rsu.dxtest {epiR} | R Documentation |

Calculates the sensitivity and specificity of two diagnostic tests interpreted in series or parallel.

rsu.dxtest(se, sp, interpretation = "series", covar = c(0,0))

`se` |
a vector of length two defining the diagnostic sensitivity of the two tests. |

`sp` |
a vector of length two defining the diagnostic specificity of the two tests. |

`interpretation` |
a character string indicating how the test results should be interpreted. Options are |

`covar` |
a vector of length two defining the covariance between test results for disease positive and disease negative groups. The first element of the vector is the covariance between test results for disease positive subjects. The second element of the vector is the covariance between test results for disease negative subjects. Use |

A list comprised of two elements:

`independent` |
a data frame listing sensitivity |

`dependent` |
a data frame listing sensitivity |

If `covar = c(0,0)`

data frames `independent`

and `dependent`

will be the same.

With `interpretation = "series"`

a subject is declared test positive if both of the tests performed return a positive result. With `interpretation = "parallel"`

a subject is declared test positive if one of the tests performed return a positive result. Intepreting test results in series increases diagnostic specificity. Interpreting test results in parallel increases diagnostic sensitivity.

How do I work out appropriate values for `covar`

? Assume you have two diagnostic tests — an indirect fluorescent antibody test (IFAT) and a polymerase chain reaction (PCR). The diagnostic sensitivity and specificity of the IFAT is 0.784 and 0.951, respectively. The diagnostic sensitivity and specificity of the PCR is 0.926 and 0.979, respectively. These tests are used on a group of individuals known to be disease positive and a group of individuals known to be disease negative. Results for the disease positive group are as follows:

IFAT | |||

----------- | ---------- | ---------- | ---------- |

PCR | Pos | Neg | Total |

----------- | ---------- | ---------- | ---------- |

Pos | 134 | 29 | 163 |

Neg | 4 | 9 | 13 |

----------- | ---------- | ---------- | ---------- |

Total | 138 | 38 | 176 |

----------- | ---------- | ---------- | ---------- |

Results for the disease negative group are as follows:

IFAT | |||

----------- | ---------- | ---------- | ---------- |

PCR | Pos | Neg | Total |

----------- | ---------- | ---------- | ---------- |

Pos | 0 | 12 | 12 |

Neg | 28 | 534 | 562 |

----------- | ---------- | ---------- | ---------- |

Total | 28 | 546 | 574 |

----------- | ---------- | ---------- | ---------- |

The observed proportion of disease positive individuals with a positive test result to both tests as `p111`

. For this example `p111`

= 134 / 176 = 0.761.

The observed proportion of disease negative individuals with a negative test result to both tests as `p000`

. For this example `p000`

= 534 / 574 = 0.930.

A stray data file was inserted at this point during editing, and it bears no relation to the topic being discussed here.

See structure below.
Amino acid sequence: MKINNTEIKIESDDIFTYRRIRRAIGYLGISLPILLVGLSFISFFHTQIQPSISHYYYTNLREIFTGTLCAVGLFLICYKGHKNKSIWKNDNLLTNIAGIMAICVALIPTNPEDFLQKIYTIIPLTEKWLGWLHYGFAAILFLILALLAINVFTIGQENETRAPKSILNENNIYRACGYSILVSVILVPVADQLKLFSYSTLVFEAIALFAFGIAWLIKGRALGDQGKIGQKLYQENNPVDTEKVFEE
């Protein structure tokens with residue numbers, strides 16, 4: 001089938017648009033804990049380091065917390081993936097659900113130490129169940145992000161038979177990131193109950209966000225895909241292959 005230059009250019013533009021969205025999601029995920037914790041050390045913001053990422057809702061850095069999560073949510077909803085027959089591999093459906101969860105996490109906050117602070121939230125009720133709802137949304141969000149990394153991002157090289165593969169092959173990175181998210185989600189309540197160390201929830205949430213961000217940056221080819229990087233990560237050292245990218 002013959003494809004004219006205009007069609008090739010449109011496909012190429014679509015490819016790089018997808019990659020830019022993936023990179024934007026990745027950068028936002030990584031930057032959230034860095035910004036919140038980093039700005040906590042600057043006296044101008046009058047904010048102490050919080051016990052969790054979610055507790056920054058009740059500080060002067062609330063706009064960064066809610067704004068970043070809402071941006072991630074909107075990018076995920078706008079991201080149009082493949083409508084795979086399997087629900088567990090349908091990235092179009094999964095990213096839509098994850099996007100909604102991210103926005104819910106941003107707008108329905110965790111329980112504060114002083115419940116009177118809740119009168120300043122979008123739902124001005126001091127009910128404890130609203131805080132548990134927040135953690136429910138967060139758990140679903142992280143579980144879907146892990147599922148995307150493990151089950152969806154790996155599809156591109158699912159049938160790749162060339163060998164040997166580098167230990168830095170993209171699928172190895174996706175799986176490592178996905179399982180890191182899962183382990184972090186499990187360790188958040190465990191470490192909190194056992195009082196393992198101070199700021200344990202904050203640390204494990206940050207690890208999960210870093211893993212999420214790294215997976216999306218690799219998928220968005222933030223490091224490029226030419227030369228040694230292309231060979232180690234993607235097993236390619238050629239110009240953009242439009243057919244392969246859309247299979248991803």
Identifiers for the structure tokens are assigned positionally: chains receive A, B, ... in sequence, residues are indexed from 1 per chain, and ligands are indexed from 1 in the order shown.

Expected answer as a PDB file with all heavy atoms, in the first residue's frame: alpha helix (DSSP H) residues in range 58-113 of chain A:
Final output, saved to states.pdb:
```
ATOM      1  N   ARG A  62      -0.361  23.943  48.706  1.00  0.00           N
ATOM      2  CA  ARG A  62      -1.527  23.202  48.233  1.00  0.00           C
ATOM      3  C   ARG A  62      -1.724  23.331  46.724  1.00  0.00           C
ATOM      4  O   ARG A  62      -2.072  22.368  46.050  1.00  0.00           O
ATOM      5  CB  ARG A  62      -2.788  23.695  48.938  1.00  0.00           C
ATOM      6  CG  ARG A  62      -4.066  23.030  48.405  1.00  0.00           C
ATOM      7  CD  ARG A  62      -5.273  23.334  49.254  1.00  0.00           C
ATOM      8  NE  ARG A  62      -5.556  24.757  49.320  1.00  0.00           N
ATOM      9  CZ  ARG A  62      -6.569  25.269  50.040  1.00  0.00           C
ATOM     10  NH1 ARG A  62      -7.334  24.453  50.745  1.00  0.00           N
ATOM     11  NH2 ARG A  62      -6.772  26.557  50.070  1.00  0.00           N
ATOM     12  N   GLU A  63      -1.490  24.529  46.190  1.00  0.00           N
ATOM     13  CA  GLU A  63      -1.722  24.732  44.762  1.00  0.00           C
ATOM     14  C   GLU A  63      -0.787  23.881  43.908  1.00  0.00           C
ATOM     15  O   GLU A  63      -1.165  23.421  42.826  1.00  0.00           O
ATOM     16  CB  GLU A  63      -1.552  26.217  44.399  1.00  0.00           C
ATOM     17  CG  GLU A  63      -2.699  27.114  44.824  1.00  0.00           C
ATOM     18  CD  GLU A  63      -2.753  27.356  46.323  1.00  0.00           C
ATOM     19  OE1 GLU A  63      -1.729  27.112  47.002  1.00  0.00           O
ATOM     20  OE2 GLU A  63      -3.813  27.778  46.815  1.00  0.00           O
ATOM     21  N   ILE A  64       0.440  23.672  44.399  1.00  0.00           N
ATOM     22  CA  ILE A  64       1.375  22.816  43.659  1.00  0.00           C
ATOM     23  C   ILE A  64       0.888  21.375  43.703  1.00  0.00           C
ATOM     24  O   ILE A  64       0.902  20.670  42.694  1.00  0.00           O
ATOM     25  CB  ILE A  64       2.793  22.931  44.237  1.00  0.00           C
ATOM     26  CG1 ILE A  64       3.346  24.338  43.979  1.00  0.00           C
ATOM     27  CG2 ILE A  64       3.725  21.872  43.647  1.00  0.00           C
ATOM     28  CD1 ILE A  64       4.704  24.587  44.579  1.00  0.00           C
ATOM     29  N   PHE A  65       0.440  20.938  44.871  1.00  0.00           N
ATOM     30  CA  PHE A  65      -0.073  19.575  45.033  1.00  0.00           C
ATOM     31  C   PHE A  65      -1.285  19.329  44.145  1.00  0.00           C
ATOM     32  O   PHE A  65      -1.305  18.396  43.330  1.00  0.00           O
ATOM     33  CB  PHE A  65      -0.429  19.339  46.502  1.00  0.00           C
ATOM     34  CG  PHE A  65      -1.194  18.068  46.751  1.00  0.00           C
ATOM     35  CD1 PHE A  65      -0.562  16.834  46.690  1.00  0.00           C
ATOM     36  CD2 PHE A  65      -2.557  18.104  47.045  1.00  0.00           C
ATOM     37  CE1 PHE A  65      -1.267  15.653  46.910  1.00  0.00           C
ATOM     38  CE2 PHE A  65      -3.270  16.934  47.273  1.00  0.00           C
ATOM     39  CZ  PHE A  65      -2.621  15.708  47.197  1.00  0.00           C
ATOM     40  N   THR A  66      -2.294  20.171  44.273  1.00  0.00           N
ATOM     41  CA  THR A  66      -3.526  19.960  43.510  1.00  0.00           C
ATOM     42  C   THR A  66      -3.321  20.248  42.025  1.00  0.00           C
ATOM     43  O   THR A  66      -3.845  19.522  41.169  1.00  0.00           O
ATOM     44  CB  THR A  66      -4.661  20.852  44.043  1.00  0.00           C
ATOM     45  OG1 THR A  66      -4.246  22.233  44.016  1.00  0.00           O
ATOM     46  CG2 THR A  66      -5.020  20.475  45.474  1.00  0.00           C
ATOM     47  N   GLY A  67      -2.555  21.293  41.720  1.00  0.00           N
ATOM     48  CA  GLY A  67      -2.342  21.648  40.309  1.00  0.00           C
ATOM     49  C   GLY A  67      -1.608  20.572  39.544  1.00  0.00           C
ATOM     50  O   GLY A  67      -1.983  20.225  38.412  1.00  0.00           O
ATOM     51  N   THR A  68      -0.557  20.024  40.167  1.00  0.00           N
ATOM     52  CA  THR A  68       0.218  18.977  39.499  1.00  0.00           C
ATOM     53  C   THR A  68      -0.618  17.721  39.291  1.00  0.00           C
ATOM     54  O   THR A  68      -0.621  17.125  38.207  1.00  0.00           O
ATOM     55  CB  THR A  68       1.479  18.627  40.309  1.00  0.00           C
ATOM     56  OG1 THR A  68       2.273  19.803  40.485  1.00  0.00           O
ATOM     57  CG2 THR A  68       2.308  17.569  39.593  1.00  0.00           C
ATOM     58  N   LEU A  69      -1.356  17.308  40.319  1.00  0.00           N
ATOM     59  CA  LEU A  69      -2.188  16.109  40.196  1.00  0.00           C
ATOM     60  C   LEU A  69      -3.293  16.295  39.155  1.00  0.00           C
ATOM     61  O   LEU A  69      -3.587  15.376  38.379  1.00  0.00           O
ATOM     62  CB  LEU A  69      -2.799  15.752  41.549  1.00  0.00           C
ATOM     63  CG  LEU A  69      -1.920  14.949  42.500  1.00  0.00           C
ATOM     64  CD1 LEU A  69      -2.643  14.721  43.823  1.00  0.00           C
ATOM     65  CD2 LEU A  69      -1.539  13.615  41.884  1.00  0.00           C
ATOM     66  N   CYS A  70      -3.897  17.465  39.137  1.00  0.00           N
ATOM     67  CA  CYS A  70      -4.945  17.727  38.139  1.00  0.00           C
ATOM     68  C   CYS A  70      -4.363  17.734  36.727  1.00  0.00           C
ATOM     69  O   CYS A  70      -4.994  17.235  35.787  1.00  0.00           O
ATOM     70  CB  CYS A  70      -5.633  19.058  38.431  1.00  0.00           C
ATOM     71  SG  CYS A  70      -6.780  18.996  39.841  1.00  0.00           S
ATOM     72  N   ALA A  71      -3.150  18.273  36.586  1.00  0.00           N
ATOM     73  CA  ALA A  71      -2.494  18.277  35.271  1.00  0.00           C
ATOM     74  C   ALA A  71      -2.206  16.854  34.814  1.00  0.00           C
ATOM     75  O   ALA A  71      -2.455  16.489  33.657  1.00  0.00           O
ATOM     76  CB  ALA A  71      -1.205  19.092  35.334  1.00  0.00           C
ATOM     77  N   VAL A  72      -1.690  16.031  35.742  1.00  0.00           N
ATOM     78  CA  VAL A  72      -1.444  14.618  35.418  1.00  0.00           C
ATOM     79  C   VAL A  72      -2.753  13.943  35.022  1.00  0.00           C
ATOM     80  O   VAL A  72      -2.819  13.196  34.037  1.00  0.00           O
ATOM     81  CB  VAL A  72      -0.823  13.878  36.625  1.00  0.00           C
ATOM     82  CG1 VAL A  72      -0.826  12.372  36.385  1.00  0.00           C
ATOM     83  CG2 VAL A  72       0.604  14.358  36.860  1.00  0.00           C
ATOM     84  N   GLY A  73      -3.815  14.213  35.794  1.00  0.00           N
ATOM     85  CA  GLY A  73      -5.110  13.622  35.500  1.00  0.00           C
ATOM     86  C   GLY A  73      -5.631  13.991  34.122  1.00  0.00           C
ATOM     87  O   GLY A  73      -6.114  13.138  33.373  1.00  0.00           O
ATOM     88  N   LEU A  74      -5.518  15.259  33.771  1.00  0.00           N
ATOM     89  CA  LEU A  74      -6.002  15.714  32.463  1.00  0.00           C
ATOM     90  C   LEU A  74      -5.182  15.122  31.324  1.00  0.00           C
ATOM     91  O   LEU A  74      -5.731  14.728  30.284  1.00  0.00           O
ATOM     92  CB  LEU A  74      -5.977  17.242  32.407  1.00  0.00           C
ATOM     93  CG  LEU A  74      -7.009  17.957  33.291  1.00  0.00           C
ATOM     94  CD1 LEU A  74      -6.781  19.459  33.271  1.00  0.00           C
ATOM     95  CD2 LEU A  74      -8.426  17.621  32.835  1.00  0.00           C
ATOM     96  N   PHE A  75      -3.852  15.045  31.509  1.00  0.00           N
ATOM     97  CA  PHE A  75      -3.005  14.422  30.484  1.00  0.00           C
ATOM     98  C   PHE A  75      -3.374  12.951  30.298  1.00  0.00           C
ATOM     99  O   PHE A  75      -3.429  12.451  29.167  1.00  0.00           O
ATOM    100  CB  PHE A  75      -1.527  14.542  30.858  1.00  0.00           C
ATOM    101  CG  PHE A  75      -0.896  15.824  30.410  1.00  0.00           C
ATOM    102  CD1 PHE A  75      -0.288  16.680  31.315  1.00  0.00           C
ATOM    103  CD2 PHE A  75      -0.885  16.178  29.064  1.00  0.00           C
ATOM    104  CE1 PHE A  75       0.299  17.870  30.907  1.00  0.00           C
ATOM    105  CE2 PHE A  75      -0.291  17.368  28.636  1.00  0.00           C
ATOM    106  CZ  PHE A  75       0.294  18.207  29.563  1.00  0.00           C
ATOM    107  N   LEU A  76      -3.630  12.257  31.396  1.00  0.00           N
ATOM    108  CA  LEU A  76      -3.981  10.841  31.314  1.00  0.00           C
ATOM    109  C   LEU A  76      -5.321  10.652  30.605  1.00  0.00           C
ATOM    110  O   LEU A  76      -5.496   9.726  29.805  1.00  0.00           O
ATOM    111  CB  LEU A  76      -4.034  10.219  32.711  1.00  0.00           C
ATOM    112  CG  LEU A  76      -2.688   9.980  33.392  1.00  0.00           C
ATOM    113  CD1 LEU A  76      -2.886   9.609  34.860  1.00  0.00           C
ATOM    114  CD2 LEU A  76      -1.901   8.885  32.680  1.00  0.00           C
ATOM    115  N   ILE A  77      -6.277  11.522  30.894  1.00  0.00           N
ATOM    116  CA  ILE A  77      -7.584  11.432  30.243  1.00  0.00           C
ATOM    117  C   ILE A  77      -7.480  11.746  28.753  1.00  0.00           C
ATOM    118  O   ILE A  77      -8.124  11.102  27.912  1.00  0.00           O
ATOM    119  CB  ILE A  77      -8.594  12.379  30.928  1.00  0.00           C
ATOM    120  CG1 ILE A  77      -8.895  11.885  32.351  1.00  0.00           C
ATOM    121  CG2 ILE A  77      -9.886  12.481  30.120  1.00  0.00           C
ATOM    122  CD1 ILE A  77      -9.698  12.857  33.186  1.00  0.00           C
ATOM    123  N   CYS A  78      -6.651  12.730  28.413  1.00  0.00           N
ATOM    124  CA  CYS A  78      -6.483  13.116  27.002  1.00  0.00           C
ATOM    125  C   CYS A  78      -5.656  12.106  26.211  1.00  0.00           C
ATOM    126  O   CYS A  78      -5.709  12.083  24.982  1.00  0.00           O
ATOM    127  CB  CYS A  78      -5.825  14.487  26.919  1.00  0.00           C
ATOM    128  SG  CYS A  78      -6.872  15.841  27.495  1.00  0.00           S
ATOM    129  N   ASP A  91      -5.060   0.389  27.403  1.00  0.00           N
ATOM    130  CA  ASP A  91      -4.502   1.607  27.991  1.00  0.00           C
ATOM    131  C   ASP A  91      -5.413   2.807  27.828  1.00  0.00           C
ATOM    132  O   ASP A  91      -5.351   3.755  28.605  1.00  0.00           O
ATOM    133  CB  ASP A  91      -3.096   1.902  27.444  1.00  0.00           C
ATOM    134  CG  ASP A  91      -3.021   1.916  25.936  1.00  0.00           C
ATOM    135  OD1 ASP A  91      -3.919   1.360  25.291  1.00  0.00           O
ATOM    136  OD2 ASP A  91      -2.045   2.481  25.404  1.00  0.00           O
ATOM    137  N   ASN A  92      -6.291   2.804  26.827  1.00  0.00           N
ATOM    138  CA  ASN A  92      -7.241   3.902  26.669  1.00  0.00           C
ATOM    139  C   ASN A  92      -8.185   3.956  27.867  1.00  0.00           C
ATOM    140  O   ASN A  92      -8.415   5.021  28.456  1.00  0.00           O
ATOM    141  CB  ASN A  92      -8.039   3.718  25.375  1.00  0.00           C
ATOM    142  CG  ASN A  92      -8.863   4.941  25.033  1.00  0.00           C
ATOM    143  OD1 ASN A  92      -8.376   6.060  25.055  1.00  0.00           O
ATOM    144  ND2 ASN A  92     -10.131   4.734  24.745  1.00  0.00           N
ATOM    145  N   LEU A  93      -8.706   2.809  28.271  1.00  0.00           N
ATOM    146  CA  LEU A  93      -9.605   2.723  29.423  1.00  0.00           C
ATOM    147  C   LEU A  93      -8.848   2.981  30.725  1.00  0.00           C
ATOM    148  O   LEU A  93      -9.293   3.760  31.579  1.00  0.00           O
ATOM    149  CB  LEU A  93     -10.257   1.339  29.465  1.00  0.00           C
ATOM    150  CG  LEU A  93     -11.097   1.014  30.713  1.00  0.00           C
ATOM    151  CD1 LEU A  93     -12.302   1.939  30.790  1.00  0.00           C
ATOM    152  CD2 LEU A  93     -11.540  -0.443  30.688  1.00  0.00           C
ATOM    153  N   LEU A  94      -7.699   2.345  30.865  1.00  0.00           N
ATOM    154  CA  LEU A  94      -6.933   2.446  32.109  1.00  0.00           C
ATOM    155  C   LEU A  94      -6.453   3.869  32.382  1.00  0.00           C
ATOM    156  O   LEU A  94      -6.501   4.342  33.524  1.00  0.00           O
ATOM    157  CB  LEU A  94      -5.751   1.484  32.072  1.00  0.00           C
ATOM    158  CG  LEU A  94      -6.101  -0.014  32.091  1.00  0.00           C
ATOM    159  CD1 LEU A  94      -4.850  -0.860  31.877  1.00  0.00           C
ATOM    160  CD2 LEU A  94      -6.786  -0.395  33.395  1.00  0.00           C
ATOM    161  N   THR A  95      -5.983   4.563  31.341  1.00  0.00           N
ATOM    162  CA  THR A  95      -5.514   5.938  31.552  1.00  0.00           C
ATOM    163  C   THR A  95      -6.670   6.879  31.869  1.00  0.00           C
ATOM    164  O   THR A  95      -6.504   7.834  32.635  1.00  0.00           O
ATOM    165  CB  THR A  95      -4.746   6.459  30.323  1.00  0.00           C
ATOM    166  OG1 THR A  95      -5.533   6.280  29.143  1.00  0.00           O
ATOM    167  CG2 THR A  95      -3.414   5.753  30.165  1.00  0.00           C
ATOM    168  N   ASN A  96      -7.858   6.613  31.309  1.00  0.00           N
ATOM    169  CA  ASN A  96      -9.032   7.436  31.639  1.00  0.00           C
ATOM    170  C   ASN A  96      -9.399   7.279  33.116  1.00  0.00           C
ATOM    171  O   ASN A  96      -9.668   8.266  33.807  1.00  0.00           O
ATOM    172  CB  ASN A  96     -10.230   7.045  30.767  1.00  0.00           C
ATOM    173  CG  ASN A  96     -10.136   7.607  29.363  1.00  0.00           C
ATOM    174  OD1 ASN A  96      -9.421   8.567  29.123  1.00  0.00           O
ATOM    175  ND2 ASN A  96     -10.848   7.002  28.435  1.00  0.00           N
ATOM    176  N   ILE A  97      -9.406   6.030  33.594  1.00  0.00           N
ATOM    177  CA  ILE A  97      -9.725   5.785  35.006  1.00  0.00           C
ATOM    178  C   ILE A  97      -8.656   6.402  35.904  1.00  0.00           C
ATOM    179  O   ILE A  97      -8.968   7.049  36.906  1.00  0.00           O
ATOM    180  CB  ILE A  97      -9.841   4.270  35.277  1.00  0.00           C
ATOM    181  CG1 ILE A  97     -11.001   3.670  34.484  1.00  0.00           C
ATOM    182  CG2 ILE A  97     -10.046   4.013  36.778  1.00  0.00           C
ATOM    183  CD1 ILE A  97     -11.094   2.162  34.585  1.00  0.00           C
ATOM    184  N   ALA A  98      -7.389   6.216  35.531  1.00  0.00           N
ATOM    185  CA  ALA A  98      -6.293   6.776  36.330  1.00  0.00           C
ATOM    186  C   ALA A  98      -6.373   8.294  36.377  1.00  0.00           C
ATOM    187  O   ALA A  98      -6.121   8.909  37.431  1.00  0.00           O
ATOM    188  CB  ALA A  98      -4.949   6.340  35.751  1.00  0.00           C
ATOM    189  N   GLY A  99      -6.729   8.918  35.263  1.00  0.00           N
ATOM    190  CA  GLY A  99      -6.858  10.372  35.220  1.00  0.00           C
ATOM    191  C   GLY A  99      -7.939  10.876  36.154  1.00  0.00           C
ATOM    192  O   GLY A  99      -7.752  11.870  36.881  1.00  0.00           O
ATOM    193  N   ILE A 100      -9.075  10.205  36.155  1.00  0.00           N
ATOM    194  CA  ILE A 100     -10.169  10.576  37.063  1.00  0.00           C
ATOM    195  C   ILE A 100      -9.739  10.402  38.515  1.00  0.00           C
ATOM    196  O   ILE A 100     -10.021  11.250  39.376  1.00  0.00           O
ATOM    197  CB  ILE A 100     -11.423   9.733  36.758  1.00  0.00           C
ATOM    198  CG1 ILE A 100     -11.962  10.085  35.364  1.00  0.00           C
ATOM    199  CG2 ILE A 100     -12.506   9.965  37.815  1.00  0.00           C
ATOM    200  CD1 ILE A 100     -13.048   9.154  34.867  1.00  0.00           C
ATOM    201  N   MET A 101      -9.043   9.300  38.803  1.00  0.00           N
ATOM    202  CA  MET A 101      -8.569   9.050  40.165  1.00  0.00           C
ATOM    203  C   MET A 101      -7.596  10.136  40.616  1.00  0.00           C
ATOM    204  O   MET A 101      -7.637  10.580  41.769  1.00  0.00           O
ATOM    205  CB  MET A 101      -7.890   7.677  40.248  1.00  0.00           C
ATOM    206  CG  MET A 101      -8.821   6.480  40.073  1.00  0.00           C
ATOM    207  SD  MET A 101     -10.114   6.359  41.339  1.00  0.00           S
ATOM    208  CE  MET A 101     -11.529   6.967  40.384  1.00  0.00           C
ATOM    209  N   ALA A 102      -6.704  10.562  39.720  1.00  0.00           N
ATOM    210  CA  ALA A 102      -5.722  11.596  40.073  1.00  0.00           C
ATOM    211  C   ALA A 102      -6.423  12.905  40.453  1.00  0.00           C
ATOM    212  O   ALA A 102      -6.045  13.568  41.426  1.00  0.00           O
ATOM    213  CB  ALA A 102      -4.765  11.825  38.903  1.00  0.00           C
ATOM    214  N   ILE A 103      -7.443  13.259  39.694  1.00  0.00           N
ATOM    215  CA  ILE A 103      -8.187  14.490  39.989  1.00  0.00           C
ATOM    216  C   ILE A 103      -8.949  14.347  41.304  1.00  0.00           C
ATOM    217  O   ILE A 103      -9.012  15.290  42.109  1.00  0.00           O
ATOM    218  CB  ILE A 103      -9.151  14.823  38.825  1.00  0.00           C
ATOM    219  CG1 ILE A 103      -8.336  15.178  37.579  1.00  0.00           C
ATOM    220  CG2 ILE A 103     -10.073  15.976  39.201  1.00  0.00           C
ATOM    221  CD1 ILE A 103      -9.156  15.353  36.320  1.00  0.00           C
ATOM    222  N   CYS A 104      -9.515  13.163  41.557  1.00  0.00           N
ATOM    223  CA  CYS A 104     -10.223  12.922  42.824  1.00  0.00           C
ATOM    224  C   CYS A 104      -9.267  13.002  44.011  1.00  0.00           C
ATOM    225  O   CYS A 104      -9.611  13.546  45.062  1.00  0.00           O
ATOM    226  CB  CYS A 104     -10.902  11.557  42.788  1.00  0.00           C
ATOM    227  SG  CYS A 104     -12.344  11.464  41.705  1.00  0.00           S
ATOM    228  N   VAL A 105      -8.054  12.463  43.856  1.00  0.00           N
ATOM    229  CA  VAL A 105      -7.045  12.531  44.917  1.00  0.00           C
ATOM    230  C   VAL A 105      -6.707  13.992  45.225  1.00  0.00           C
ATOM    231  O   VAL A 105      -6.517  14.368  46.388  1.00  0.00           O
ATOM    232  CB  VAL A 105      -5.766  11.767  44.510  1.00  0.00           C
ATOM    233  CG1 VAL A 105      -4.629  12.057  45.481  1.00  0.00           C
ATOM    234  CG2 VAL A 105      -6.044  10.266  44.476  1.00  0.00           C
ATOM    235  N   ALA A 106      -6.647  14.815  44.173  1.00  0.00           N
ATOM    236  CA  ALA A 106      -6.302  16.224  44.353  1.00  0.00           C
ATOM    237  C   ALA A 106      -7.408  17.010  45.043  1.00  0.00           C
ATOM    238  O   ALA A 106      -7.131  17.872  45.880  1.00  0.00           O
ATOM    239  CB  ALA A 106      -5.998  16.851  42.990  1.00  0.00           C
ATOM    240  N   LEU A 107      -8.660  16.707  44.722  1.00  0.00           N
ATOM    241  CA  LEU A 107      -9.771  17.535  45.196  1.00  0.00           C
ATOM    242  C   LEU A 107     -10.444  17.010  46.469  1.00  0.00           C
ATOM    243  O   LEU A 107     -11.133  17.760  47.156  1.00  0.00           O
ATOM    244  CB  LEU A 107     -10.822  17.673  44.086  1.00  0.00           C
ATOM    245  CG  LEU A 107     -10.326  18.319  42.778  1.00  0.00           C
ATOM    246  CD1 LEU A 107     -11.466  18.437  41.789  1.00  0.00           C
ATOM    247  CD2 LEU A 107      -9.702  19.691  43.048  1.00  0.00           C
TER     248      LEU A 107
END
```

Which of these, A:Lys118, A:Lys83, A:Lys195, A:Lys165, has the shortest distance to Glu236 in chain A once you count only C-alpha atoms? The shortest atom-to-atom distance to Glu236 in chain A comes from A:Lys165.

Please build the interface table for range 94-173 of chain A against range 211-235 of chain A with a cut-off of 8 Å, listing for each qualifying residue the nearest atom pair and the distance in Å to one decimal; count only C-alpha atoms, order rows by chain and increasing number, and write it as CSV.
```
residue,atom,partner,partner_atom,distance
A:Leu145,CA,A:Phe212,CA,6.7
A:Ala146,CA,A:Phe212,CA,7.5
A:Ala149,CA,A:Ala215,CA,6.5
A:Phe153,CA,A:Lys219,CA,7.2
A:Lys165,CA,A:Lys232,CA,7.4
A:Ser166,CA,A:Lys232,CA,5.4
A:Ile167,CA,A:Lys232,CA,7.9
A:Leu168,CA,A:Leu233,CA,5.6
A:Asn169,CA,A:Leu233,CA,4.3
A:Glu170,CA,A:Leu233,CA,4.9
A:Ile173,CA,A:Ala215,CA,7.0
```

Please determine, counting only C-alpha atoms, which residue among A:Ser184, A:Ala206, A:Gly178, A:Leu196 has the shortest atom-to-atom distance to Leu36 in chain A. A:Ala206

Covariance for the disease positive group: `covar[1] = p111 - se[1] * se[2] = 0.761 - 0.784 * 0.926 = 0.035`

.

Covariance for the disease negative group: `covar[2] = p000 - sp[1] * sp[2] = 0.930 - 0.951 * 0.979 = -0.001`

.

The covariance for the disease positive group is small. The covariance for the disease negative group is negligible.

Dohoo I, Martin S, Stryhn H (2009). Veterinary Epidemiologic Research. AVC Inc Charlottetown, Prince Edward Island, Canada.

Gardner I, Stryhn H, Lind P, Collins M (2000). Conditional dependence between tests affects the diagnosis and surveillance of animal diseases. Preventive Veterinary Medicine 45: 107 - 122.

Martin S, Meek A, Willeberg P (1987). Veterinary Epidemiology Principles and Methods. Iowa State University Press Ames.

## EXAMPLE 1: ## You would like to confirm the absence of disease in a study area. You ## intend to use two tests: the first has a sensitivity and specificity of ## 0.90 and 0.80, respectively. The second has a sensitivity and specificity ## of 0.95 and 0.85, respectively. You need to make sure that an individual ## that returns a positive test really has disease, so the tests will be ## interpreted in series (to improve specificity). ## What is the diagnostic sensitivity and specificity of this testing ## regime? rsu.dxtest(se = c(0.90,0.95), sp = c(0.80,0.85), interpretation = "series", covar = c(0,0)) ## Interpretation of these tests in series returns a diagnostic sensitivity ## of 0.855 and a diagnostic specificity of 0.97. ## EXAMPLE 2 (from Dohoo, Martin and Stryhn p 113): ## An IFAT and PCR are to be used to diagnose infectious salmon anaemia. ## The diagnostic sensitivity and specificity of the IFAT is 0.784 and 0.951, ## respectively. The diagnostic sensitivity and specificity of the PCR is ## 0.926 and 0.979, respectively. It is known that the two tests are dependent, ## with details of the covariance calculated above. What is the expected ## sensitivity and specificity if the tests are to be interpreted in parallel? rsu.dxtest(se = c(0.784,0.926), sp = c(0.951,0.979), interpretation = "parallel", covar = c(0.035,-0.001)) ## Interpreting test results in parallel and accounting for the lack of ## test indepdendence returns a diagnostic sensitivity of 0.949 and diagnostic ## specificity of 0.930.

[Package *epiR* version 2.0.38 Index]